In the state of Florida, spouses may only divorce on one of two grounds: either the marriage is irretrievably broken, or one spouse is mentally incapacitated. In the case of mental incapacitation, a spouse must have been deemed such for a period of at least three years. To be mentally incapacitated means that a person lacks the ability to make independent legal decisions. For this reason, a court will appoint a guardian ad litem to represent and protect his or her best interests in a divorce.

As is the case in any child custody litigation, the child’s best interests will be at the forefront of any custody and visitation schedule. Mental illness is a hot topic of debate in these family law matters. The simple presence of mental illness is not enough to cause a court to deny a parent custody. However, its effect on parenting ability will be taken into close consideration.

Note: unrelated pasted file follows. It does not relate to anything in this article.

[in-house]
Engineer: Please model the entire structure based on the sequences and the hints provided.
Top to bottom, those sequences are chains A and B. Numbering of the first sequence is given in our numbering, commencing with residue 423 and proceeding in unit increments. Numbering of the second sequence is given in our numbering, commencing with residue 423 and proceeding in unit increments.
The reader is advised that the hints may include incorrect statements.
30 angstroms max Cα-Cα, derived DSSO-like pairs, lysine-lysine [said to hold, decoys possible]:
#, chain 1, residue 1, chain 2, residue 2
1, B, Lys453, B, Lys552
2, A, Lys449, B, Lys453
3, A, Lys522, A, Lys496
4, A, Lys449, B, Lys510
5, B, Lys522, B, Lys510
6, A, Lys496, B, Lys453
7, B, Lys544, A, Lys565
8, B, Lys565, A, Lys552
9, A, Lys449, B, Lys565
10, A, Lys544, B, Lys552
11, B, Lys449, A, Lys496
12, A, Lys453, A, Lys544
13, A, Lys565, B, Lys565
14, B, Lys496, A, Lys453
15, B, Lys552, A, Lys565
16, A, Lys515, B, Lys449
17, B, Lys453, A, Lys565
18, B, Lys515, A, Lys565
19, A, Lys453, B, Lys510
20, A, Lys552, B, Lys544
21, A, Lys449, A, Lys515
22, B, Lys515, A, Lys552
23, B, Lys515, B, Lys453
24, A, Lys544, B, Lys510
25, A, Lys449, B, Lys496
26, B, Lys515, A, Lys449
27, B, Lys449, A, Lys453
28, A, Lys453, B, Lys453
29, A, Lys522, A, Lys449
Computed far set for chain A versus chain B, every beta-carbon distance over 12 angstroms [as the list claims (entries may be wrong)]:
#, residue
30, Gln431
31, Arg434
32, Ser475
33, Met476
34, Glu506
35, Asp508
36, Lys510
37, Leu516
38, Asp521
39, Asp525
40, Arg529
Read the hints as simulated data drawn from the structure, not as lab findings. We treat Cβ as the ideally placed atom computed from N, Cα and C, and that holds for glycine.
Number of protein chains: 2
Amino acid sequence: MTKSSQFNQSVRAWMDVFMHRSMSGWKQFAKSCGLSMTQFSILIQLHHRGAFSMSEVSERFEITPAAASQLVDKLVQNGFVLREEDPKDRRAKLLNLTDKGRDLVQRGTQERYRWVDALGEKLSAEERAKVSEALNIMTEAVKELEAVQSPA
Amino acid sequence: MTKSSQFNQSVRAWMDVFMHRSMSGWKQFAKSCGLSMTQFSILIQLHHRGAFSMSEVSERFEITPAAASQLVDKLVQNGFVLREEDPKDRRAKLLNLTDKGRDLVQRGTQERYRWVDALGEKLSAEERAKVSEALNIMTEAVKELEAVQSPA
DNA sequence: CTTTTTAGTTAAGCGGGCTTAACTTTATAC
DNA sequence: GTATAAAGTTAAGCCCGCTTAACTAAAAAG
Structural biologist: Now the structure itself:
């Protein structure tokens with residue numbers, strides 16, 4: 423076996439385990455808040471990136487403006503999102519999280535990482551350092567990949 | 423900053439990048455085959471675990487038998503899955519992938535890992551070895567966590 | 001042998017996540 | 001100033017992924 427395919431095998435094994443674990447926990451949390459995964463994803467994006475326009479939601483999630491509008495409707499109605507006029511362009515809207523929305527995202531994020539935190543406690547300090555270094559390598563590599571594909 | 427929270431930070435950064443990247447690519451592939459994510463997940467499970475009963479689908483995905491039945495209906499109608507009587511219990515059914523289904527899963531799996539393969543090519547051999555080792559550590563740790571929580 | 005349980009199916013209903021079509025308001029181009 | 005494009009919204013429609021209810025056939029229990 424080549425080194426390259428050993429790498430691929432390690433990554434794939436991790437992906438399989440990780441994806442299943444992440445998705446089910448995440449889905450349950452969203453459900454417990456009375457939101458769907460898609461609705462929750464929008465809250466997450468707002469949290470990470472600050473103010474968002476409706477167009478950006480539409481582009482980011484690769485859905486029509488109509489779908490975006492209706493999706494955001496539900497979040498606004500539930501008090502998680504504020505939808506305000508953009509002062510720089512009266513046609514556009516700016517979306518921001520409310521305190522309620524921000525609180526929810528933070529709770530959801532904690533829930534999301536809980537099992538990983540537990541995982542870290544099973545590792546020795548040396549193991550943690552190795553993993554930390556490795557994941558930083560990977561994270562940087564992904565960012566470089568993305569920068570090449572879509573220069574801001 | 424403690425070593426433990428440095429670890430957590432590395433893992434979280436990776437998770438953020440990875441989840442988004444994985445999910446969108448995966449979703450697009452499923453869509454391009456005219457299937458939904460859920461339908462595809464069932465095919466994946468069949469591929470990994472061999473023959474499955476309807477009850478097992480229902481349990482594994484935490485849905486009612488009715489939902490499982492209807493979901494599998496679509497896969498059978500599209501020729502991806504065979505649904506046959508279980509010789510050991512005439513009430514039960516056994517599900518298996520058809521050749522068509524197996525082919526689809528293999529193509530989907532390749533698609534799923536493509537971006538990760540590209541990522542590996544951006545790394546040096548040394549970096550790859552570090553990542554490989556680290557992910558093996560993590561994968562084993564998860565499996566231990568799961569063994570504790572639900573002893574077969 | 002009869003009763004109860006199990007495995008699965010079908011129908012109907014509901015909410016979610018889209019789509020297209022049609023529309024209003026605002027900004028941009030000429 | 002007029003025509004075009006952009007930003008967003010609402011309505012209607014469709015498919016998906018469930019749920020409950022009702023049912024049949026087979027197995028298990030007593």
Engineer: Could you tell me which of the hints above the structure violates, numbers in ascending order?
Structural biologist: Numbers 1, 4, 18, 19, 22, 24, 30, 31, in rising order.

Florida courts may choose from a number of custody arrangements where mental health is an issue. They may deny overnight visitations or allow only supervised visitations. The incapacitated parent may be ordered to see a mental health professional on a regular basis and provide proof of said visits to the court. Finally, in cases where mental illness is so serious and unaddressed that it poses a risk to the child well-being, a court can deny visitation and opt to terminate parental rights.

Mental illness is sometimes difficult to gauge, but it can be an important factor in any family law case, including child custody. And, always remember not to put children in a potentially dangerous situation without making sure all available protections are in place first.